|Volume 11 Number 83||Mon Feb 25 23:55:01 US/Pacific 2002|
From: rkaiser1 <email@example.com> Date: Sun, 24 Feb 2002 10:26:30 -0500 Subject: News from the Conservative movement A lot of new things are happening in the Masorti (Conservative) movement: (1) The new "Tefilla-Zine" is now on the United Synagogue of Conservative Judaism (USCJ) website; It is an on-line magazine about Jewish prayer, from the joint USCJ-Rabbinical Assembly Committee on Commitment and Observance. Tefilah-Zine seeks to help Jews better understand and connect to Shabbat and weekday liturgy. "By discussing the history of our liturgy and delving deeper into the meaning of particular prayers, Tefilah-Zine hopes to encourage readers to deepen their habits of and engagement in personal and communal prayer...The magazine is putting out a call for a variety of articles: children's writings, research, opinion, reflective and experiential. They would like to include articles on new and innovative programs for Shabbat, holiday and weekday davening; pieces reflecting best practices for your synagogue, school or minyan; personal reflections of experiences; and suggestions for encouraging spontaneous prayer. Articles do not have to be written expressly for Tefilah-Zine." "Introducing tefillah-Zine!" http://www.uscj.org/item19_761.html (2) This spring the United Synagogue of Conservative Judaism will introduce a second project devoted to daily Jewish learning. Mishnah Yomit, or "the daily mishnah," will build on the success of Perek Yomi, which continues to involve over 8,000 Conservative Jews in ongoing Bible study. Beginning in April 2002, participants will learn one or two passages in the Mishnah each day, with the goal of learning an entire "order" of Mishnah in the course of a year. For those who would prefer to study Tanakh, a second cycle of Perek Yomi will begin in April as well. For more info, see the website. (3) There is a new woman leader of USCJ http://www.jta.org/page_view_story.asp?intarticleid=10917&intcategoryid=4 The United Synagogue of Conservative Judaism (USCJ) has just elected its first woman Predident, Judy Yudof. An article on the JTA website states, in part, that: "Yudof, 56, who was installed this week at the groupssss convention here, is the first woman to hold such a lofty post in a large American Jewish denomination. The smaller Jewish Reconstructionist Federation has had a female president, but neither the synagogue arms nor rabbinic associations of Conservative, Reform or Orthodoxy have had one. Rabbi Janet Marder will become the first female president of the Reform movementssss Central Conference of American Rabbis next year....Yudof downplayed the significance of being a trailblazer for women, describing herself as 'a leader whos also a woman, not a leader because Im a woman.' With the movements decisions in the 1980s to ordain women rabbis and allow egalitarian worship services, the 'barriers are pretty much gone,' Yudof said." Shalom, Robert Kaiser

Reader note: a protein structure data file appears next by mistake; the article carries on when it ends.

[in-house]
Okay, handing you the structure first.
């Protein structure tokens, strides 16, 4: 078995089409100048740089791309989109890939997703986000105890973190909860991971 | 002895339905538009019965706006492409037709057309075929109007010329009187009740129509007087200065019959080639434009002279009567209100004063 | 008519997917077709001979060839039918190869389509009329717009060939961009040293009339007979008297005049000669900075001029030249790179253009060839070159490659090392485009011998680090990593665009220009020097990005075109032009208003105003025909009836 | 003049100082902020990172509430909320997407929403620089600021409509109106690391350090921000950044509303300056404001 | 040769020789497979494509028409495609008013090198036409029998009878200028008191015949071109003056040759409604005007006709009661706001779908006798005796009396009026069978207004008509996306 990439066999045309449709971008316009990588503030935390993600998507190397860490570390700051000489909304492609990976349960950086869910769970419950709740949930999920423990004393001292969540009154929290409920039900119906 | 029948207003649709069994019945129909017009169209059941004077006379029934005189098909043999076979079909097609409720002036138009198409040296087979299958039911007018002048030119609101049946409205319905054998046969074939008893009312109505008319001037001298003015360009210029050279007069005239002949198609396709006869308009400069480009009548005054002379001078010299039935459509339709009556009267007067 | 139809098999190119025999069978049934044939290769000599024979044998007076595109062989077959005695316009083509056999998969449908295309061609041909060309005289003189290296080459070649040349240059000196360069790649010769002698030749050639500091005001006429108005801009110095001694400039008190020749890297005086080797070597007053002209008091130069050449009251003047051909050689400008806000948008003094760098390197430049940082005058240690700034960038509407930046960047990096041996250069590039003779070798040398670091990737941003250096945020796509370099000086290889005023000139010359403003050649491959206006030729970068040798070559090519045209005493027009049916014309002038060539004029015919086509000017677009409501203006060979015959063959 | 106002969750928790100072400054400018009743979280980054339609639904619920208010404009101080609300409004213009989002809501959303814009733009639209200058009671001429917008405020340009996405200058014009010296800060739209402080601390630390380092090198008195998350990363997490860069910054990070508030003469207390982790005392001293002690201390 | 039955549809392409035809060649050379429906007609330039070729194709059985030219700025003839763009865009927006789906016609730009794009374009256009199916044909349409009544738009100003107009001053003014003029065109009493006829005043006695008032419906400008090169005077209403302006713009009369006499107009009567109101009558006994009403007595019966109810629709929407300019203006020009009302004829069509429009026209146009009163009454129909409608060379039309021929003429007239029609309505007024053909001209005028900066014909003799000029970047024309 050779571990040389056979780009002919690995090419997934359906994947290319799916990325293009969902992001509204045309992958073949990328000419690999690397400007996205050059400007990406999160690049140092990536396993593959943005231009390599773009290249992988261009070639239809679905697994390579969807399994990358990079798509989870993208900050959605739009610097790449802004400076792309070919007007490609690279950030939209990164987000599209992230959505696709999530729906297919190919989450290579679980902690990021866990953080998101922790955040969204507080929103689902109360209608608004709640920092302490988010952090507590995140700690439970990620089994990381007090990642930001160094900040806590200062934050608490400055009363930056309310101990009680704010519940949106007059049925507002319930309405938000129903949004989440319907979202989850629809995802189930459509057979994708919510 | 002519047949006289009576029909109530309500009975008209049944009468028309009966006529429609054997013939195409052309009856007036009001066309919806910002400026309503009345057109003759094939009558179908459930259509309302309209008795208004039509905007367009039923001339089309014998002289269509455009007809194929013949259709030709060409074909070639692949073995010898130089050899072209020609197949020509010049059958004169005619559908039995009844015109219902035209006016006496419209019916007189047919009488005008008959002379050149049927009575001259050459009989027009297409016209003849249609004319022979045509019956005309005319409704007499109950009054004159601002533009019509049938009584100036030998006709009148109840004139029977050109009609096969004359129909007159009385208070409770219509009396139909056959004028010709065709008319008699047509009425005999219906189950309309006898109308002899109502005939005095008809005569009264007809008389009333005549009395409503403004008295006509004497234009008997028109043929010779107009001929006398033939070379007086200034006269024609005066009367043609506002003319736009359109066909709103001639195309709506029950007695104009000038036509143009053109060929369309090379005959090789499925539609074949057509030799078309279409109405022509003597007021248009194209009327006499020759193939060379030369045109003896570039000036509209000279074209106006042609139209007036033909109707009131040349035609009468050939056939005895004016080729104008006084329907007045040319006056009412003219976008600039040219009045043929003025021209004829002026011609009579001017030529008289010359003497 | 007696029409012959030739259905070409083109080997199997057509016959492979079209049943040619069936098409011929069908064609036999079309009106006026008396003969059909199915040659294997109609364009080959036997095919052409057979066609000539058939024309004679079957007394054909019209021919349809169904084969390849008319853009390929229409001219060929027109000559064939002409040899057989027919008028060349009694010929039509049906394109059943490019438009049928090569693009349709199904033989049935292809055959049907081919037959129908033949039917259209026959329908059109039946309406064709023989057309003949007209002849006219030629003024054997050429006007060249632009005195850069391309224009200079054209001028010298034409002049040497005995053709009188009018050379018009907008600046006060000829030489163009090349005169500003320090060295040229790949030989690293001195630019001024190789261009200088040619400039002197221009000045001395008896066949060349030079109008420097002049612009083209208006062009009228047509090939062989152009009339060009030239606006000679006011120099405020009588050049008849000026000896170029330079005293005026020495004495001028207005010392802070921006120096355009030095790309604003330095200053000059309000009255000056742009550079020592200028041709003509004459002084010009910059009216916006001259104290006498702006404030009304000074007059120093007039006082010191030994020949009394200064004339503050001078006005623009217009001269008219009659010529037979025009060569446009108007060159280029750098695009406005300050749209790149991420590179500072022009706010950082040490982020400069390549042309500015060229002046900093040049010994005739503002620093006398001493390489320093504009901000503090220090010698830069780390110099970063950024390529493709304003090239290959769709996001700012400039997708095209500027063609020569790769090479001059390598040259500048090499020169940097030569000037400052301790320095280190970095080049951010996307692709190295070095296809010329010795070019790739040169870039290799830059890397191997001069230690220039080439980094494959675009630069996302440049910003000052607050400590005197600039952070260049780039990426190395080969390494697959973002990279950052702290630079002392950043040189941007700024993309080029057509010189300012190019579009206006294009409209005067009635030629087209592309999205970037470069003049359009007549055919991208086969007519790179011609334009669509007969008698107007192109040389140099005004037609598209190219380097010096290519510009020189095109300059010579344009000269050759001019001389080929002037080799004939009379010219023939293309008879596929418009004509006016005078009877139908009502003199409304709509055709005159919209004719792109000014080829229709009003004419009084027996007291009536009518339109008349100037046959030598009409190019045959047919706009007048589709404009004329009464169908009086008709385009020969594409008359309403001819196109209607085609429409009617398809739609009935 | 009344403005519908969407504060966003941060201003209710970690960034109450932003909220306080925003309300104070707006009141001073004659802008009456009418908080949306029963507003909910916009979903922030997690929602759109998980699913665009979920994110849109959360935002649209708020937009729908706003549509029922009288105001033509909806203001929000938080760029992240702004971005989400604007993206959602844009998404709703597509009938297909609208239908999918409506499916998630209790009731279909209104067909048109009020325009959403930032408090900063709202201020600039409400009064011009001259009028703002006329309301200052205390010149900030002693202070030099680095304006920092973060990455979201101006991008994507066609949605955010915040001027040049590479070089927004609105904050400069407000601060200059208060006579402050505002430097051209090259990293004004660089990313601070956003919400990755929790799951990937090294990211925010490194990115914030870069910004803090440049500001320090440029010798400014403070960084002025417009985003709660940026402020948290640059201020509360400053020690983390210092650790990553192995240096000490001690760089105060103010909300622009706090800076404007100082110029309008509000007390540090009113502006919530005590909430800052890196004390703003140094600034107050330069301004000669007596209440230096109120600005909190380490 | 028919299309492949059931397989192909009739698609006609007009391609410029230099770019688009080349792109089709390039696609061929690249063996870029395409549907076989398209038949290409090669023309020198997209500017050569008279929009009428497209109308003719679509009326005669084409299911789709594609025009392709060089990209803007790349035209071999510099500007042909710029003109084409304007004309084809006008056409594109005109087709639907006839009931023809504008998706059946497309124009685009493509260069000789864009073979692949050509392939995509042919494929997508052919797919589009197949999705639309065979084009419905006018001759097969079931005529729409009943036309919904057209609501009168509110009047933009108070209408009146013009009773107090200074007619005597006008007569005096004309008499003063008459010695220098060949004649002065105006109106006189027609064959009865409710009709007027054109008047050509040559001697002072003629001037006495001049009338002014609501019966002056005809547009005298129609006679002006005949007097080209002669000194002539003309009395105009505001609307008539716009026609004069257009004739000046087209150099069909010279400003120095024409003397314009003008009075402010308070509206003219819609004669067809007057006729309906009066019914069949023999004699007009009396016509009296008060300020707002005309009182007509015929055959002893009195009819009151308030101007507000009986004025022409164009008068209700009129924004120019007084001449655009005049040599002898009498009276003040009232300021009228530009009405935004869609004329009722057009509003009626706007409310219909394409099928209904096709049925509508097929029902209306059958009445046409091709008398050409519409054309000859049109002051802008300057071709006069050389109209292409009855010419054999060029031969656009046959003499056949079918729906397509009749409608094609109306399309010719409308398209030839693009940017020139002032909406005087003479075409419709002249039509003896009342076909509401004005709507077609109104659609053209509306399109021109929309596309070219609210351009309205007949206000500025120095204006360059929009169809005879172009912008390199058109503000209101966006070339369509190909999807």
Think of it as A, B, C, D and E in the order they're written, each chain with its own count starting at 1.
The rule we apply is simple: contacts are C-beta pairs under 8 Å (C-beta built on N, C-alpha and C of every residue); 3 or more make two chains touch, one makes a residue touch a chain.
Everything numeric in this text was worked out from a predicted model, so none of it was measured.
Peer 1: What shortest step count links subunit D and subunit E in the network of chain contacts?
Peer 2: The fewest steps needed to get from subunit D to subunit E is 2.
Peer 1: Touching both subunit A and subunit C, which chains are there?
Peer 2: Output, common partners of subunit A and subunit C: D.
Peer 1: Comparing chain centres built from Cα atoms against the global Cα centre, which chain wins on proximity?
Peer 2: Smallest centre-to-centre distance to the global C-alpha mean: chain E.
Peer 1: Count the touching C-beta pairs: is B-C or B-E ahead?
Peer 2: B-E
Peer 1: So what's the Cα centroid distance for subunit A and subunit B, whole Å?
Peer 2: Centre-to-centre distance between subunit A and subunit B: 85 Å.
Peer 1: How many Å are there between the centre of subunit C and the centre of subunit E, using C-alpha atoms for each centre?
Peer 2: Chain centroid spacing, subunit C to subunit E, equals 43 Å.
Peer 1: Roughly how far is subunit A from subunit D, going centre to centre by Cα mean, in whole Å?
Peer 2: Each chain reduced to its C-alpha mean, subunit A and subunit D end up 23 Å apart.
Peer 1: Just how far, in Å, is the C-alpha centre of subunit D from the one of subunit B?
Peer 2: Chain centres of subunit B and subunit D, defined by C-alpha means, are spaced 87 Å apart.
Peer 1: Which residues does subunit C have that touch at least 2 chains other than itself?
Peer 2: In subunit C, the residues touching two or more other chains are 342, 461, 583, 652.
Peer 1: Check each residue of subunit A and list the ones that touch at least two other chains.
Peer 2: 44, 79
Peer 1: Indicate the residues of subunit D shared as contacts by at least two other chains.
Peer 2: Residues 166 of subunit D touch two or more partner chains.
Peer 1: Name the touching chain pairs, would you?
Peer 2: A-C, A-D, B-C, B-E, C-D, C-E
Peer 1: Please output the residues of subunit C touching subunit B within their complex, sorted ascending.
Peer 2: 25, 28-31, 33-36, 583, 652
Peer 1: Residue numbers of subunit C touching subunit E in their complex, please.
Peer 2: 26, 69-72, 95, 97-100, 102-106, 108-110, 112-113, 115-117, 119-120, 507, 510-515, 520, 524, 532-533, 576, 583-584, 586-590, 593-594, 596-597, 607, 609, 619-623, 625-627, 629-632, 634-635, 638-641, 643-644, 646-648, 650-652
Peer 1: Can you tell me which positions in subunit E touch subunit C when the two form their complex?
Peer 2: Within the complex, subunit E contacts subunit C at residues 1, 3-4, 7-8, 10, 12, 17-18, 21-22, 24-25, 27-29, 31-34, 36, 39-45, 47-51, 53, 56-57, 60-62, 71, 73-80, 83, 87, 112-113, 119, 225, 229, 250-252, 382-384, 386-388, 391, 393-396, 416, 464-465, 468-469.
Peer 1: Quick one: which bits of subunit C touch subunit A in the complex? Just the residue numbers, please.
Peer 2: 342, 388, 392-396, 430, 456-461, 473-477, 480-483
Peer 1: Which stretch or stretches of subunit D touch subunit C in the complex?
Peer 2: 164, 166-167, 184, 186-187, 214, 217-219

From: rkaiser1 <firstname.lastname@example.org> Date: Sun, 24 Feb 2002 10:22:55 -0500 Subject: Ugandan Jews formally convert to Judaism An article about this story is available online at the Jewish Telegraphic Association (JTA) website. http://www.jta.org/page_view_story.asp?intarticleid=10930&intcategoryid=2 An excerpt from the JTA article: "Capping a Jewish story of struggle and survival, Uganda's Jews just got dunked in the mikvah. Four Conservative rabbis from the United States and one from Israel joined the communityssss spiritual leader, Gershom Sizomu, in supervising the conversion of most of Ugandassss 600 Jews, a several-day affair that concluded Tuesday....After several intense days, two-thirds of the Abayudaya - some 400 people in all - were converted. Most of those who chose not to undergo the conversion cited sickness or travel complications. A few claimed their Jewishness didn't need an outside stamp of approval. For most, though, the conversion went off without a hitch. Neither the neighboring Muslims nor the ABC televison reporter who trailed behind the group made problems. 'We are at peace with everybody!' said Sizomu, who described a newfound 'connection between Uganda and the rest of the' Jewish world." According to the article, Orthodox rabbis were originally requested to carry out the conversions and help bring the community to an observant status. However, all Orthodox rabbis asked refused to carry out the conversions. The Uganda Jews thus now have reached out to the Conservative movement, and they have decided to create a halakhic non-Orthodox Judaism, drawing on the Conservative, Reform and Reconstructionist branches of Judaism. Rabbi Andy Sacks of the Masorti (Conservative) movement issued this clarification on the Forward's newspaper article: "For those who have asked: This was done in conjunction with Kulanu (http://www.kulanu.org). The Reform Movement was not involved in the Giyur. As to the political questions it could raise: these people are not some weird sect with a vague connection to Judaism. They practice normative Judaism. They have suffered greatly as a consequence. The leaders realize the nuanced differen ces between the streams of Judaism and are aware of the difficulties they may face if they should decide on Aliya." An article in the weekly newspaper, "The Forward", states that "Last week a rabbinic court screened over 300 members of the Abayudaya Jews of Uganda, and the vast majority completed halachic conversions and thus became officially recognized under Jewish law. Provisions are in place for the rest to complete the process in the immediate future. The Abayudaya community embraced Judaism in 1919 and has been practicing - and upgrading its knowledge and observance - ever since. The 600-member community occupies rural villages near Mbale, Uganda. The conversions were conferred February 5 through 13 by three visiting rabbis from the US and one from Israel. Candidates were screened by a beit din (rabbinic court) and males - all of whom had been circumcised - underwent a hatafat dam brit (ritual circumcision). Finally, each successful candidate underwent ritual immersion. Both a nearby river and the community's kosher mikveh were put to use." Shalom, Robert Kaiser